- The Washington Times - Wednesday, July 23, 2003

BOSTON (AP) — Clergy members and others in the Boston Archdiocese probably sexually abused more than 1,000 people over a period of six decades, Massachusetts’ attorney general said yesterday, calling the scandal so massive it “borders on the unbelievable.”

The report, the result of a grand jury investigation that explored whether church hierarchy should be charged criminally for turning a blind eye to accusations of abuse, said the archdiocese received complaints from 789 reported victims, involving more than 250 clergy and other workers.

However, when other sources are considered, the attorney general said, the abuse likely affected more than 1,000 victims from 1940 until today.

Cardinal Bernard Law, who resigned as archbishop last December, “bears the ultimate responsibility for the tragic treatment of children that occurred during his tenure,” Attorney General Tom Reilly said in the 91-page report.

“But by no means does he bear sole responsibility. With rare exception, none of his senior managers advised him to take any of the steps that might have ended the systemic abuse of children.”

Despite the attorney general’s scathing remarks about what he called an “institutional acceptance of abuse,” no charges are to be filed because child-protection laws in place while abuses were taking place would not allow it.

A spokesman for the archdiocese did not immediately return a call seeking comment. Cardinal Law’s permanent replacement, Bishop Sean Patrick O’Malley, will be installed next week.

Word had leaked out earlier in the week that church officials were unlikely to be charged, prompting a protest by apparent victims at Mr. Reilly’s Boston office on Tuesday.

“How dare there be no indictments,” said Kathleen Dwyer, 58, who said she was sexually abused by a priest at her church in Braintree in the early 1950s, when she was 7 years old. She was among two dozen protesters who demonstrated outside the attorney general’s office.

The investigation did not uncover any evidence of recent or ongoing sexual abuse of children. But Mr. Reilly said the investigation didn’t find any information that would explain the drop-off in recent complaints.

“Given the magnitude of mistreatment and the fact that the archdiocese’s response over the past 18 months remains inadequate, it is far too soon to conclude that the abuse has, in fact, stopped or could not reoccur in the future.”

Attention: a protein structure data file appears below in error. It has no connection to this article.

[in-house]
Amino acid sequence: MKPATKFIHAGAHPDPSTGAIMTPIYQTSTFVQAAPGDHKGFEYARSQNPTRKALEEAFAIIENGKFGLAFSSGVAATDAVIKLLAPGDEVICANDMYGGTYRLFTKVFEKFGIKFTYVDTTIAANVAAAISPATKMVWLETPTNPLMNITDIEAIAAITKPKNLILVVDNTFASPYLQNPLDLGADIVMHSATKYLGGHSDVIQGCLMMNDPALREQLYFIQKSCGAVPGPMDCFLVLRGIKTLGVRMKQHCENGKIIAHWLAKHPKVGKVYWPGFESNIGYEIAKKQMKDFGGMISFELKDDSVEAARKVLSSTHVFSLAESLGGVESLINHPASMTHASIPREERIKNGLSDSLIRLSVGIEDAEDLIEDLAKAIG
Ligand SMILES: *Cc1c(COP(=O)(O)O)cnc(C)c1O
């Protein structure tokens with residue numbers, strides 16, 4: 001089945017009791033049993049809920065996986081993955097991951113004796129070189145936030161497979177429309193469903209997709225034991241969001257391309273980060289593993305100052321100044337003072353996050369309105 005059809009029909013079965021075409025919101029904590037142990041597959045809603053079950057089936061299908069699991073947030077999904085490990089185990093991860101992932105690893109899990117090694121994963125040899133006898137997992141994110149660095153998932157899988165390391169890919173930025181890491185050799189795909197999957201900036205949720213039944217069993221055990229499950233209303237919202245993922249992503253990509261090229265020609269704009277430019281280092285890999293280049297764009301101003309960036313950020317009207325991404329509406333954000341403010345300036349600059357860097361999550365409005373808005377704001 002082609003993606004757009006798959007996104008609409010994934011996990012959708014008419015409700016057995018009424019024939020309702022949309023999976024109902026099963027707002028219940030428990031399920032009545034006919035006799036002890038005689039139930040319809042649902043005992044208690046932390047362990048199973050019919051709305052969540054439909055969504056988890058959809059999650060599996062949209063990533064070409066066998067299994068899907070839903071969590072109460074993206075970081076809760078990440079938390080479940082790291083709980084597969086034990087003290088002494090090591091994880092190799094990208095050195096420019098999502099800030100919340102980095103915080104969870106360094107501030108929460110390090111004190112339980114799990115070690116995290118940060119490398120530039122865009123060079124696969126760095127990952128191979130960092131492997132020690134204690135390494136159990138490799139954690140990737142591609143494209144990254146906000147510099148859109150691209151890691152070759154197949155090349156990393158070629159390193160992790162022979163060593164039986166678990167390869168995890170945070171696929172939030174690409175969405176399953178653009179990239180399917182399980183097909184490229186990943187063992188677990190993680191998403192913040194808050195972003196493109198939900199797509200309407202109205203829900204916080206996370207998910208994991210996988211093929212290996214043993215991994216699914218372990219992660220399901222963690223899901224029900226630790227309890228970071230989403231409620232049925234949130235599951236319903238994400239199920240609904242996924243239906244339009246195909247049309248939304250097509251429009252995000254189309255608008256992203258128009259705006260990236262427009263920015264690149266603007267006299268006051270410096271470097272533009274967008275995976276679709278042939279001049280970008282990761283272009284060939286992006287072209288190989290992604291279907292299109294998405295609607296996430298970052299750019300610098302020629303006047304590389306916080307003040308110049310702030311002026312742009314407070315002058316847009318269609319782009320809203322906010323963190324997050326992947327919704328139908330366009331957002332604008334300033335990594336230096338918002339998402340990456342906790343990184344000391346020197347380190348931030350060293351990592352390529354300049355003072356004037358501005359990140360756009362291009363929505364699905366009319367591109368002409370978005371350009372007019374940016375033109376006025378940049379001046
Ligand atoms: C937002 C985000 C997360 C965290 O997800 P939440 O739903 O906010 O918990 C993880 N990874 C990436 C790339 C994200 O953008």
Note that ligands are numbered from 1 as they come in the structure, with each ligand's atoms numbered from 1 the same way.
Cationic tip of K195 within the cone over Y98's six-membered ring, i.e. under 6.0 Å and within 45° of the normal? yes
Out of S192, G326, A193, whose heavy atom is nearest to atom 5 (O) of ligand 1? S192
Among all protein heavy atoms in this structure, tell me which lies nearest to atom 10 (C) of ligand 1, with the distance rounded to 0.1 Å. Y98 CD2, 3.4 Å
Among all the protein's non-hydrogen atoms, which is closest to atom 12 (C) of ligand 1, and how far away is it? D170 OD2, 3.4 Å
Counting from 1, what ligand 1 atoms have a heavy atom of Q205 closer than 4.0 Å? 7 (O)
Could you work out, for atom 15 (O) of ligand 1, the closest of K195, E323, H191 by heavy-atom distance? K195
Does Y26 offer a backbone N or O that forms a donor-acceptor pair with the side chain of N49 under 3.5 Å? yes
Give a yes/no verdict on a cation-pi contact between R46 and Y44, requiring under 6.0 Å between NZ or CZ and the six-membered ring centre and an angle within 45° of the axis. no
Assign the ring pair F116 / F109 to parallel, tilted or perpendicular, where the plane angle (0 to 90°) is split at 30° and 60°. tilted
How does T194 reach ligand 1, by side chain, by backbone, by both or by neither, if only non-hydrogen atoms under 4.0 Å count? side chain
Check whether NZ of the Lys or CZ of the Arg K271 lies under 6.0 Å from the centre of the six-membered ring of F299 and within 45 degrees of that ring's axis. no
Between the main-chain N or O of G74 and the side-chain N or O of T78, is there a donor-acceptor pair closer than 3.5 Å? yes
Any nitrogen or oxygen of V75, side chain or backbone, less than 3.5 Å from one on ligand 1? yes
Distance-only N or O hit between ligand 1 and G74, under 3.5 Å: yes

The report is the culmination of a 16-month investigation into how church leaders handled the scandal.

“They chose to protect the image and reputation of their institution rather than the safety and well-being of the children entrusted to their care. They acted with a misguided devotion to secrecy,” the report says in its conclusion.

Cardinal Law resigned in December after nearly a year of criticism about his role in allowing abusive priests to remain in parish work.

In addition to Cardinal Law, at least eight other top officials in the Boston Archdiocese were subpoenaed to answer questions about their handling of complaints against priests, including the Rev. Thomas V. Daily, now a bishop in New York City; the Rev. Robert J. Banks, now bishop in Green Bay, Wis.; and the Rev. John B. McCormack, now bishop in Manchester, N.H.

Public outrage over the scandal prompted the state to enact a law making reckless endangerment of children a crime. Under the law, someone who fails to take steps to alleviate a substantial risk of injury or sexual abuse of a child can face criminal charges.

But during the time period when much of the abuse took place — from the 1950s through the 1990s — no such laws were on the books, and Mr. Reilly has said that prevented him from prosecuting church supervisors.

Attorney Roderick MacLeish Jr., who represents more than 200 reported abuse victims in lawsuits against the archdiocese, said he understands why Mr. Reilly concluded his hands were tied.

“The attorney general has to act within the law, and as disappointed as I am, I truly believe he has tried to do his best.”

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